The cruelty of the incident, which left her daughter with a large scar on her face, was almost too much for Mohammad to bear: "My heart just sank," she explains.
Testifying before a commission of elected officials, FBI and INS representatives, and over a thousand attendees at a groundbreaking forum in Seattle this fall, "Justice for All: The Aftermath of September 11th," Mohammad braved her trepidations to explain why she, her family, and all immigrant residents, deserved better.
"We are here in America, our new home," testified Mohammad in front of more than 1,200 attendees. "[S]peeches from a lot of leaders [say] that America is for everybody, that America is for all. But, this is now what we feel. We feel rejected, we experience hatred and violence. [Our] community is desperately seeking peace and safety ... Today, we are here to say, as a community, enough is enough."
From Hate to Hope
The Hate Free Zone (HFZ) Campaign of Washington, brainchild of longtime activist and author Pramila Jayapal, came into being out of the crisis that Seattle's immigrants and refugees found themselves in after 9/11.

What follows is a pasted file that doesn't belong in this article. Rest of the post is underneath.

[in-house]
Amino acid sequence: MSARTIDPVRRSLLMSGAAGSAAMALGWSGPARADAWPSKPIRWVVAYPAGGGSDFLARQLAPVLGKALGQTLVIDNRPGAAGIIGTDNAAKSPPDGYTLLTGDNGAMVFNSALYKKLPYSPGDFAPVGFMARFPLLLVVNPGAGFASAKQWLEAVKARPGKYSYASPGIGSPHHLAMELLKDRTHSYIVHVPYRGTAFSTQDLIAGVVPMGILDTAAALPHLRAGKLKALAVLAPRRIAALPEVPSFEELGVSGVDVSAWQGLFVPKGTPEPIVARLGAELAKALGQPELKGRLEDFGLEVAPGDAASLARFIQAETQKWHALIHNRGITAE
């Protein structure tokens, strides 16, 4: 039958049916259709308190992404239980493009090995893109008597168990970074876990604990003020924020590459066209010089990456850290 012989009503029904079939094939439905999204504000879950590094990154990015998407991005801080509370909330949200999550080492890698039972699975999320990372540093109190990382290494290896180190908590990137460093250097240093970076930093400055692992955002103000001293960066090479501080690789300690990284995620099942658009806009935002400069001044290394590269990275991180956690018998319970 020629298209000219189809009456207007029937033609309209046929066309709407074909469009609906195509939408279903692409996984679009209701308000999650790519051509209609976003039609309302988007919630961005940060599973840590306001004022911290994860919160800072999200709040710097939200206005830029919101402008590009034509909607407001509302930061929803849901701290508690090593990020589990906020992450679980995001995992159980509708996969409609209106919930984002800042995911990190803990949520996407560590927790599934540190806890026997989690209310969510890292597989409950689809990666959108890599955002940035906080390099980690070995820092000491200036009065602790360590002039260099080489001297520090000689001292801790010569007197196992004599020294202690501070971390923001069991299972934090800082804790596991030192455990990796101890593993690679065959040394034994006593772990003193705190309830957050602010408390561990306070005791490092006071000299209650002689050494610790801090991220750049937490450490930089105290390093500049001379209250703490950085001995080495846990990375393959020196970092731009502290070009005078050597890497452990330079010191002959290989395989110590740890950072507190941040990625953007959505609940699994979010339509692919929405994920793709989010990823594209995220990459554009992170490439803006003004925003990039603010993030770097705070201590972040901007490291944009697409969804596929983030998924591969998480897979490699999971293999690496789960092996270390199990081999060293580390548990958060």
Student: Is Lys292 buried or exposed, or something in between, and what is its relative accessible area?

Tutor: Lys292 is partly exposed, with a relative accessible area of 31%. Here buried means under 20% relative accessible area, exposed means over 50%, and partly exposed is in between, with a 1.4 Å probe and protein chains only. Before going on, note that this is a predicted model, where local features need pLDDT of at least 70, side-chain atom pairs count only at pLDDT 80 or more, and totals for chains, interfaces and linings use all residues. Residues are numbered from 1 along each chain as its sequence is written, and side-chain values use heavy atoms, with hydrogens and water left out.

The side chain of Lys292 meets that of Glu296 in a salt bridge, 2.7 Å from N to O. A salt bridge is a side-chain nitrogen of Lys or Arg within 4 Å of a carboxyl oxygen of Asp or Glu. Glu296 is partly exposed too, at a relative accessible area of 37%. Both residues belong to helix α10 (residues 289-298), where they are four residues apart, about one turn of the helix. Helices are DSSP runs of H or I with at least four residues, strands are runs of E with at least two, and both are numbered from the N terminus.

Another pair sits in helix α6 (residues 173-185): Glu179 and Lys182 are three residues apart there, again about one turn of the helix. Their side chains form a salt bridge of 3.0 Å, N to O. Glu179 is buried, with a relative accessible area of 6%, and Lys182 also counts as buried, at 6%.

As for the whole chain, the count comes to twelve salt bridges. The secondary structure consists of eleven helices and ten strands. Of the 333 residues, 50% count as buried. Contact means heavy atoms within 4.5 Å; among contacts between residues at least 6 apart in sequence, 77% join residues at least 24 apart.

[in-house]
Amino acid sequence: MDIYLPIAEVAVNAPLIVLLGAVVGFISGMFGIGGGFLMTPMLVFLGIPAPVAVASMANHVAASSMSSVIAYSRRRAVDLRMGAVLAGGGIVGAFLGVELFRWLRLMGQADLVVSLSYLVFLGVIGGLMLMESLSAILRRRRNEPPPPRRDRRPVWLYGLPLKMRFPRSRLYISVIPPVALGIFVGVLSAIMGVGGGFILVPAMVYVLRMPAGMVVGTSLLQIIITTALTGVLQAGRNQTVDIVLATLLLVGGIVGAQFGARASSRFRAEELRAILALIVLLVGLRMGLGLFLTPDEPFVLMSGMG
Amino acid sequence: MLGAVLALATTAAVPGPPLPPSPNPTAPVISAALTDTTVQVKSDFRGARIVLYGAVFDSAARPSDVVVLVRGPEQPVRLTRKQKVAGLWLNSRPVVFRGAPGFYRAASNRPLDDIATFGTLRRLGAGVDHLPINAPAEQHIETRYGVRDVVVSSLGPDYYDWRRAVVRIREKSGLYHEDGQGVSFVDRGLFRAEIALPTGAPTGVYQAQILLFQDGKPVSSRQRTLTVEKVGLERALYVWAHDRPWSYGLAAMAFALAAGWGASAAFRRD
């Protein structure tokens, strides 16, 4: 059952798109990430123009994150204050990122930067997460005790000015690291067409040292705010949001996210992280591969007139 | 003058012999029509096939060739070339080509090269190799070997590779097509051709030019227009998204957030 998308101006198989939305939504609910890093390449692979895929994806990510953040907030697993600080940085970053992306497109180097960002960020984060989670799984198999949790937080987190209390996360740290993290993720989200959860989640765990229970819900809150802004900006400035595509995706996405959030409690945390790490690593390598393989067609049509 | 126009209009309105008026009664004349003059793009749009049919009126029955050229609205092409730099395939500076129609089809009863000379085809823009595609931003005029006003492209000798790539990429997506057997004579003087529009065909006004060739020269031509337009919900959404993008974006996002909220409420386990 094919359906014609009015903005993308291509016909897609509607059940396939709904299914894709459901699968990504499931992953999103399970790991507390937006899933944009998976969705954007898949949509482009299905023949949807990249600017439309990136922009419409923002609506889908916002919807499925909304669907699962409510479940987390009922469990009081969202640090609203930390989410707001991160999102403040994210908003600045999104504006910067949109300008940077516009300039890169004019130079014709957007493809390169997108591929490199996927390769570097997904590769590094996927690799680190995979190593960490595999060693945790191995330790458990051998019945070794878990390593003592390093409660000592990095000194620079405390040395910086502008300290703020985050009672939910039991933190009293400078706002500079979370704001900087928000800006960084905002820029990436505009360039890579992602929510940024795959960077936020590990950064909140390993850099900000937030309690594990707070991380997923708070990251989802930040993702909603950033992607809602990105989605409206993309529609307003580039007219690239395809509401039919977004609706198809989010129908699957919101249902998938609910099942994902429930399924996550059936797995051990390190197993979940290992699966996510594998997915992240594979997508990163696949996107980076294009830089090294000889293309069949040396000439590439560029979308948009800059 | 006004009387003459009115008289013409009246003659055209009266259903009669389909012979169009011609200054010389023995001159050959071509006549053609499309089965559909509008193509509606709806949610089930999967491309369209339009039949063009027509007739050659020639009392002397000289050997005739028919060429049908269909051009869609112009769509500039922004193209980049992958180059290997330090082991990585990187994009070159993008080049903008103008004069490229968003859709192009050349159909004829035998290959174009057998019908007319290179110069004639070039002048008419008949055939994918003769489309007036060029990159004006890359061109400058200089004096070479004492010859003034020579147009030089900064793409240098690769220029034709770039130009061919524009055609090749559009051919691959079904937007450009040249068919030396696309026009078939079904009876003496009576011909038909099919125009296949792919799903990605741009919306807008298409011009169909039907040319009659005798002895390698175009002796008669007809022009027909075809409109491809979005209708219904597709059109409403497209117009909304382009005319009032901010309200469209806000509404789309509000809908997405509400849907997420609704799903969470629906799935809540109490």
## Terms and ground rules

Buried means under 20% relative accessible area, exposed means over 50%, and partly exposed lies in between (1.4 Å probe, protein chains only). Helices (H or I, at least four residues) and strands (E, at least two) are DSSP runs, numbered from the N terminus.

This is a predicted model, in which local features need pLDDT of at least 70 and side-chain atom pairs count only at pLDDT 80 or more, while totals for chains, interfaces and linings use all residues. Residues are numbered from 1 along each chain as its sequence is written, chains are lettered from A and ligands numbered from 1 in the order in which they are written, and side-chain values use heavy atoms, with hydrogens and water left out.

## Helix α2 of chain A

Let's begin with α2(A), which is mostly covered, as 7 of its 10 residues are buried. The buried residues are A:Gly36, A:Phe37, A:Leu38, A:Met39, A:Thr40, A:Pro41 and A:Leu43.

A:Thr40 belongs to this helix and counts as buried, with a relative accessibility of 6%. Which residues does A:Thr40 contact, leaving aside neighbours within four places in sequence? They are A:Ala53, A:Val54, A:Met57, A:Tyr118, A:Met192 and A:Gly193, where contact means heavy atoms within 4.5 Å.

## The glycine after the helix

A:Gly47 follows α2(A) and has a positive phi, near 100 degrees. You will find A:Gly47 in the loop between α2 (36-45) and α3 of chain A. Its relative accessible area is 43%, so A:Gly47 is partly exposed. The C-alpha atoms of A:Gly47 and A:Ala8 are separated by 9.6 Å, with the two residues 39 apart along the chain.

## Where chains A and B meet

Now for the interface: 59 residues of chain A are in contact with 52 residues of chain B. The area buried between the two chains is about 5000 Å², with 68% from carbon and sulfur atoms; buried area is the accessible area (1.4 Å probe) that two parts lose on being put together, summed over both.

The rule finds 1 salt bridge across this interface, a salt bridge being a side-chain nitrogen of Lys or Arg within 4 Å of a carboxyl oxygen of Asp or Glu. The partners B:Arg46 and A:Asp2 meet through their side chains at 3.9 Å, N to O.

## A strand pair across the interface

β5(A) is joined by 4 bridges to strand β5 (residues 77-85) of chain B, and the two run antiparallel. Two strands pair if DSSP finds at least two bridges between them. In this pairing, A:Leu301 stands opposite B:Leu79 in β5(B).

As hate crimes and incidents of overt discrimination began to pile up all around the Pacific Northwest, Jayapal turned to other activist, civil liberties, and civil rights organizations to win support for a draft statement that would declare Seattle a "hate-free zone." City council members responded affirmatively, and quickly signed a proclamation condemning racial or religious harassment.
But proclamations, as Jayapal knew, wouldn't be enough to stem the tide of hate crimes and the impact of federal edicts geared toward the new "aliens" in our midst. In quick succession, the Department of Justice (DOJ) and Congress passed laws and regulations ostensibly designed to reign in terrorism. The net effect of all the legislation and assorted DOJ edicts--ranging from the USA Patriot Act and the airport-focused "Operation Tarmac" to the INS/DOJ "Alien Absconder Apprehension Initiative"--was the interrogation, secret detention, or deportation of thousands of people, mostly Arab American or Muslim men.
Unifying Washington residents unfairly and disproportionately targeted by government agencies and individual hate-mongers alike seemed to be the most important--and most daunting--task.
But bit by bit, the task was accomplished.
Beginning in November 2001, the HFZ Campaign had already joined forces with dozens of Seattle and Washington-area groups, ranging from the ACLU and the Asian Counseling and Referral Service to the Northwest Immigrant Rights Project. After securing non-profit status, the HFZ pursued--and received--substantial foundation support, and then set about implementing a multi-pronged strategy to address the wide range of injustices being committed against Washington's ethnic communities.